• Offered by Law School
  • ANU College ANU College of Law
  • Classification Advanced
  • Course subject Laws
  • Areas of interest International Relations, Law
  • Academic career PGRD
  • Course convener
    • Prof Hilary Charlesworth
  • Mode of delivery In Person
  • Offered in Summer Session 2016
    See Future Offerings

International law is largely seen as rule based, stemming from a positivist tradition. The proliferation of rules at the international level has increased the regulatory influence of international law. However, with this increasing presence of international law in the global order, different theories have emerged to explain the international legal system, its actors, processes and values. This course equips students to analyse and situate the debates about the nature of international law, its function and its values through the lens of critical approaches to international law.

The course is presented in three parts. The first focuses on the history and method of international law. It begins by considering international law histories through competing narratives that chart its origins and purposes. Students trace the influence of earlier international law scholars on conceptions of sovereignty and actors in the international order and how these contributions are challenged in contemporary scholarship. This part of the course also explores the relationship between theoretical orientation and method by exploring how international law is studied and the methods deployed to analyse its purported progress, influence and implementation in a variety of settings.

The second part of the course introduces and examines critical theories of international law. Students are introduced to several ‘new stream’ theories of international law, including feminist and third world approaches. Students develop an understanding of dominant positivist accounts by analysing scholarly texts and applying the critiques to modern debates about the application of international law.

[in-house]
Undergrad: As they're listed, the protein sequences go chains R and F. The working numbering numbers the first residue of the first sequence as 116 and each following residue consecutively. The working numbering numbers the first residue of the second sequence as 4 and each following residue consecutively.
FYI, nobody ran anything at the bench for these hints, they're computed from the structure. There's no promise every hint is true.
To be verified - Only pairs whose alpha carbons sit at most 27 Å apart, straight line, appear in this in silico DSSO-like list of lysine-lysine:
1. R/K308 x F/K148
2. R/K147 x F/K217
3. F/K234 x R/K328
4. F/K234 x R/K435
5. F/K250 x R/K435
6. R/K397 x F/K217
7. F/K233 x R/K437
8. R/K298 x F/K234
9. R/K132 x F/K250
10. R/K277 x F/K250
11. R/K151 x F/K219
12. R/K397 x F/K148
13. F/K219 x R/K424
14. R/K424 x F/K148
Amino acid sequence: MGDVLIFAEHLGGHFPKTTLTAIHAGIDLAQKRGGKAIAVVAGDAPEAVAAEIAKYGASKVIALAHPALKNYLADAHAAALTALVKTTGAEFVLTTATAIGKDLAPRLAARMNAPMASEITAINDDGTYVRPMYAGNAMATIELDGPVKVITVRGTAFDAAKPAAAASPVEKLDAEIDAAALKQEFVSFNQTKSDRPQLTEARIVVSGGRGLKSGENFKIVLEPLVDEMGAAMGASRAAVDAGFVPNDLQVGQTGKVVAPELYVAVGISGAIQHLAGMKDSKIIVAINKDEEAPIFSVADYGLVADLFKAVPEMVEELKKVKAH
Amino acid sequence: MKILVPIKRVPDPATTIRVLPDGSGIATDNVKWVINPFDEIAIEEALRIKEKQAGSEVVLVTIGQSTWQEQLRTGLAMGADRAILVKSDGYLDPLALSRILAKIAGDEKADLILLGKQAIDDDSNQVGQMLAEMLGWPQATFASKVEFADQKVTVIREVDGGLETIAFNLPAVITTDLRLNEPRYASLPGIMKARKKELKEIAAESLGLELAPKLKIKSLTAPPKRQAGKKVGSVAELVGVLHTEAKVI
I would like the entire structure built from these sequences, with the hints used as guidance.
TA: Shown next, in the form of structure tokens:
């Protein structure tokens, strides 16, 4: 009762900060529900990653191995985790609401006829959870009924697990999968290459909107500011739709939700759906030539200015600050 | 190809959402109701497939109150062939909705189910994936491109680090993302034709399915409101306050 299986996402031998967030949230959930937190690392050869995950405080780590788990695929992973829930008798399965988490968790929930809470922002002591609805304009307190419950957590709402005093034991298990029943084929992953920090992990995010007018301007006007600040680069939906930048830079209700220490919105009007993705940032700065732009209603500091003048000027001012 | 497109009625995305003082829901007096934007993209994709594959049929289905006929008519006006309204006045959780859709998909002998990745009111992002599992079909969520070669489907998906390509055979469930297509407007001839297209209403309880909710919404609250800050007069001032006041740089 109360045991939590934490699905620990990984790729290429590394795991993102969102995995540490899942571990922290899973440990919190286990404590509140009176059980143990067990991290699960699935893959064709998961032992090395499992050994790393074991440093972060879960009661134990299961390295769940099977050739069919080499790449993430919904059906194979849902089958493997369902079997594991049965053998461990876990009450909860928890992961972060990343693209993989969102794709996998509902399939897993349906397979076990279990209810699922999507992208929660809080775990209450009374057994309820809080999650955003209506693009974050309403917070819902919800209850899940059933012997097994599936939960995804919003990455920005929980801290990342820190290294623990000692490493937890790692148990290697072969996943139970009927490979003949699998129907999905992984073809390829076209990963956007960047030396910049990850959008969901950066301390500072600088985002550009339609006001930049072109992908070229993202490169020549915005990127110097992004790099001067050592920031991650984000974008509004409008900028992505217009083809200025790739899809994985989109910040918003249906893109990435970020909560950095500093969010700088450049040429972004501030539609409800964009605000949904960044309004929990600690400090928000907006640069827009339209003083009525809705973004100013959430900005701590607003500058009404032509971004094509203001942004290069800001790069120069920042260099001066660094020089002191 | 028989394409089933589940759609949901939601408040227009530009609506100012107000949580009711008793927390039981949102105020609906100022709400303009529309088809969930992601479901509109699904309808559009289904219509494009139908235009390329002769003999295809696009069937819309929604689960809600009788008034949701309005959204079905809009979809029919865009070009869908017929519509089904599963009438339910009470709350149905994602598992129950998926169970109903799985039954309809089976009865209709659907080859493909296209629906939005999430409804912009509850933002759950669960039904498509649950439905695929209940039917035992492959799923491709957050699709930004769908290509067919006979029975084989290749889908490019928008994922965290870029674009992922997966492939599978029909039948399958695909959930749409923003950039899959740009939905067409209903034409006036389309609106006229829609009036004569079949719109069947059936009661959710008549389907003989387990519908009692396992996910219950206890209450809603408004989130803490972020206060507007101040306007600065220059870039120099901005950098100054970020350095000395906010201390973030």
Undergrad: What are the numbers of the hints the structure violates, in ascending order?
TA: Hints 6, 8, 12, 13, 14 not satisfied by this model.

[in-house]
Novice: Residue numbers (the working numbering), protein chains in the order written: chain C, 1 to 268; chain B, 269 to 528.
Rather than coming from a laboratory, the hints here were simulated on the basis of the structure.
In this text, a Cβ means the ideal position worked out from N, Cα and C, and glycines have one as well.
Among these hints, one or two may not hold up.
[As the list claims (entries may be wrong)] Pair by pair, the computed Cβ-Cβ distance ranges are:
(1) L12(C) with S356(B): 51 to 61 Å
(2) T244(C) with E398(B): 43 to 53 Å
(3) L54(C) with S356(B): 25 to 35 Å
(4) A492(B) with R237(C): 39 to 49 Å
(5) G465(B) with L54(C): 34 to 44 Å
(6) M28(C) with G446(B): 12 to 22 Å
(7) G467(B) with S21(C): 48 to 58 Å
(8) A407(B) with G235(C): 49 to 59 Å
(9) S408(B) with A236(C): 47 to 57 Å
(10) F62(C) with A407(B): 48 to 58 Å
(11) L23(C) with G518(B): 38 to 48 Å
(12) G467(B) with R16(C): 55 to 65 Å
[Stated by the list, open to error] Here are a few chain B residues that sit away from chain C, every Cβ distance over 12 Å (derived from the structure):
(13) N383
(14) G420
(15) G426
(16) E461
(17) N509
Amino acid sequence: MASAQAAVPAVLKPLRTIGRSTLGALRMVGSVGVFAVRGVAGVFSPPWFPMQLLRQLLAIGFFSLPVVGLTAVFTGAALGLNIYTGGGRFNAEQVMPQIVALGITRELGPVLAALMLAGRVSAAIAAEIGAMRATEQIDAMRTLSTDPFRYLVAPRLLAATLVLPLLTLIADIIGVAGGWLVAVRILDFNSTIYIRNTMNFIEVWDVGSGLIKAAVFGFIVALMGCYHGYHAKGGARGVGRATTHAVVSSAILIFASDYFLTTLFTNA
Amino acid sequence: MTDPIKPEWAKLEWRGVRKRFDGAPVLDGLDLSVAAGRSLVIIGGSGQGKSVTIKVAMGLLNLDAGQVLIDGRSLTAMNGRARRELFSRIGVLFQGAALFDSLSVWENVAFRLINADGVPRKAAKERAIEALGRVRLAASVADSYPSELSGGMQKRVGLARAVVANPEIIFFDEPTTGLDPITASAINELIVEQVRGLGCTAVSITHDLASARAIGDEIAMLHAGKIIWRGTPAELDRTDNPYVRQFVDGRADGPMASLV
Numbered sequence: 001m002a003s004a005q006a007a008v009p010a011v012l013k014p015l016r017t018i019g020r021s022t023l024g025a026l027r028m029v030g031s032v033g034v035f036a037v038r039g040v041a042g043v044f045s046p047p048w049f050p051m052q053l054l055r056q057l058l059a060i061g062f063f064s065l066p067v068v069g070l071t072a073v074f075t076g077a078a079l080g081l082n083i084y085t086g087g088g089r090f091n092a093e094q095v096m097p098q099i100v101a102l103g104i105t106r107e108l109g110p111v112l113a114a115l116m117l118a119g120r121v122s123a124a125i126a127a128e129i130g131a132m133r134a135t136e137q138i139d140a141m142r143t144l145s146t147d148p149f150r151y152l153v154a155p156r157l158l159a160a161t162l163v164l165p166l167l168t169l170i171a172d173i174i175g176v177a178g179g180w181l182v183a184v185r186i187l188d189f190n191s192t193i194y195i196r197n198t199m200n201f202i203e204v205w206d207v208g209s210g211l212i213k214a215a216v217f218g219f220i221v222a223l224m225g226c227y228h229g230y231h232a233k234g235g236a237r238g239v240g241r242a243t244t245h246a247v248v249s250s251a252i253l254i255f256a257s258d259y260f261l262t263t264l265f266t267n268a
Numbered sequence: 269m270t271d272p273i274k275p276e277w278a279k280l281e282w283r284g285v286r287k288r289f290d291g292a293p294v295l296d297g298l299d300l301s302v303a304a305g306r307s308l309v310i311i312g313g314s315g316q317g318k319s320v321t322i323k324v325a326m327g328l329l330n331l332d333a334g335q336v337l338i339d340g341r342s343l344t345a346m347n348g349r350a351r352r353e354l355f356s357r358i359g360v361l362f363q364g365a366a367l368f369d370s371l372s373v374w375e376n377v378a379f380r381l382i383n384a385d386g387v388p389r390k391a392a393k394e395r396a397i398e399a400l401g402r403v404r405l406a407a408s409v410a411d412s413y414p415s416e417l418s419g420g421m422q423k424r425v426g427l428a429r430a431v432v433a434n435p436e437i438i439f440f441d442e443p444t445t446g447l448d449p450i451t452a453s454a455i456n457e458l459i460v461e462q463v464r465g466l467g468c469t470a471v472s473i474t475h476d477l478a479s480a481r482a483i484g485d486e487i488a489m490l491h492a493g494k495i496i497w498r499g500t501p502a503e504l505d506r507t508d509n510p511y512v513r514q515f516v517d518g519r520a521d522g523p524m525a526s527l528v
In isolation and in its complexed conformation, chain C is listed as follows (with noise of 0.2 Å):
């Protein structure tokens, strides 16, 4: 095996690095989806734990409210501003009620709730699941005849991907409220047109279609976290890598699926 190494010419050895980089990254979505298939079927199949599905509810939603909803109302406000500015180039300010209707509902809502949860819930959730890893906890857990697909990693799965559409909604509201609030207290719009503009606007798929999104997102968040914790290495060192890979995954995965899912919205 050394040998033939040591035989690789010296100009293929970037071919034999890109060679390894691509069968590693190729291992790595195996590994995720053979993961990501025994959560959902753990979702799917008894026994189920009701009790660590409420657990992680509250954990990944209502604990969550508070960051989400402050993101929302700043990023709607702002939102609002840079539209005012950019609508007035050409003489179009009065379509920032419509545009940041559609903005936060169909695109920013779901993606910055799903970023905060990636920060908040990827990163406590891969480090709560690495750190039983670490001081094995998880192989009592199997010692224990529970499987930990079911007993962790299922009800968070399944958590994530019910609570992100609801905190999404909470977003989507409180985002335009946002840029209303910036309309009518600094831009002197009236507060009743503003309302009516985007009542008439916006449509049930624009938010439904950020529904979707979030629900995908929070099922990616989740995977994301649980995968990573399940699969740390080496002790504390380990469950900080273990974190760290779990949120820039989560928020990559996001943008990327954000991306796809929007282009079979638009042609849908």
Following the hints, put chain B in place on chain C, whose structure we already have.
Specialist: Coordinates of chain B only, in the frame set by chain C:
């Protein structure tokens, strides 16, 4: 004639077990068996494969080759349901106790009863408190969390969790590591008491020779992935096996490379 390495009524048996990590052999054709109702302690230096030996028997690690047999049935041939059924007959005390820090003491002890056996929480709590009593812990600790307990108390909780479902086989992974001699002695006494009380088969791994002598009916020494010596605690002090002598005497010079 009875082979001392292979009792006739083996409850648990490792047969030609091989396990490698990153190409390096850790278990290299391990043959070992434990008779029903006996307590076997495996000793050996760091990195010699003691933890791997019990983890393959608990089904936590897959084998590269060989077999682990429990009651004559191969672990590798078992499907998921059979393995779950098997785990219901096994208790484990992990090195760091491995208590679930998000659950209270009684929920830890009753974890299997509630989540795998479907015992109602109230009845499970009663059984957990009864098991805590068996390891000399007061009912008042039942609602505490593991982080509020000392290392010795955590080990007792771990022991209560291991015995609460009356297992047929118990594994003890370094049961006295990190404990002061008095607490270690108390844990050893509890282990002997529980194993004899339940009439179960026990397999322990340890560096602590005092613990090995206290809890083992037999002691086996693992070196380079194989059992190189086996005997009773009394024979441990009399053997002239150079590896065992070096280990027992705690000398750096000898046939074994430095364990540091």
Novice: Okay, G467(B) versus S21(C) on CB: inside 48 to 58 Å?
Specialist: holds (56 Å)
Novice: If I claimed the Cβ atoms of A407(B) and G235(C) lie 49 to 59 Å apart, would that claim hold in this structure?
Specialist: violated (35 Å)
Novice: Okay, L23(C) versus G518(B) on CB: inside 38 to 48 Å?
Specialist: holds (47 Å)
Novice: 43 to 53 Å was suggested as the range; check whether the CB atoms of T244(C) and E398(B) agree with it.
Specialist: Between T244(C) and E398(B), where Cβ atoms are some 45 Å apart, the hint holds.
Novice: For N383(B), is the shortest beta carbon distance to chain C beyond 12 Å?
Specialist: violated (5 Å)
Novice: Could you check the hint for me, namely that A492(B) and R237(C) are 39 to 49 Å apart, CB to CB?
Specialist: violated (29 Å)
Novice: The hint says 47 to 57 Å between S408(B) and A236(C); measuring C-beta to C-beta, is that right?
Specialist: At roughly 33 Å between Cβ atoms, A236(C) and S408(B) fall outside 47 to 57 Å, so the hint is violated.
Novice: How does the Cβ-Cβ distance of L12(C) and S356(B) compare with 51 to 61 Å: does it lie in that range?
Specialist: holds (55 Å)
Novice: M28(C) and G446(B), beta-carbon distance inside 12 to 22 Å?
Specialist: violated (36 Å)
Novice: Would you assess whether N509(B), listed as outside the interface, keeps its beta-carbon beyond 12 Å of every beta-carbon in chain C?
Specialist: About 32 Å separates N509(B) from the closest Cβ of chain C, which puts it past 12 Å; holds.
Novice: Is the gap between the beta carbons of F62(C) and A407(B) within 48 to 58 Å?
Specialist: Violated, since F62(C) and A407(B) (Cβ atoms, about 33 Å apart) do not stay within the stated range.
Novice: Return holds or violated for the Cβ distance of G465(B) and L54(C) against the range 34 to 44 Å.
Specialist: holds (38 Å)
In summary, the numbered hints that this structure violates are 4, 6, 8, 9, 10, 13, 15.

The third part of the course critically reflects on how different theories of international law are manifested in practice. Students are asked to consider how theoretical orientation influences method. In particular, we address how theoretical orientation can produce different policy recommendations for the implementation of international law in different arenas. Students are encouraged to consider the nature of international law and the way it is interpreted and applied in different parts of the world. We ask, who are the actors of international law? What role does international law play in the global order?
 

Learning Outcomes

Upon successful completion, students will have the knowledge and skills to:

By the conclusion of this course, it is intended that students who have successfully completed all of the course requirements will be able to:

  1. Explain, distinguish and have an advanced knowledge of critical approaches to international law;
  2. Critically reflect on how different theories of international law relate to the practice and implementation of international law;
  3. Apply an advanced and integrated understanding of how different methodologies relate to theories of international law; and
  4. Plan and execute a research project which critically analyses theoretical international law debates.

Other Information

This is an intensive course with a 4 day compulsory intensive (see LLM timetable for dates).

Approximately 6 weeks from the completion of the intensive your final assessment will be due. Contact with fellow students and the convenor, both prior to the intensive and after, is conducted via the Wattle course site.

Indicative Assessment

Assessment is likely to consist of:
  1. a class presentation based on an assigned reading (10%);
  2. an article review (1500 words) (20%);
  3. a research essay (4500 words) (70%).
Students must rely on the Course Study Guide which will be posted to the Wattle course site approximately four weeks prior to the commencement of the course.

The ANU uses Turnitin to enhance student citation and referencing techniques, and to assess assignment submissions as a component of the University's approach to managing Academic Integrity. While the use of Turnitin is not mandatory, the ANU highly recommends Turnitin is used by both teaching staff and students. For additional information regarding Turnitin please visit the ANU Online website.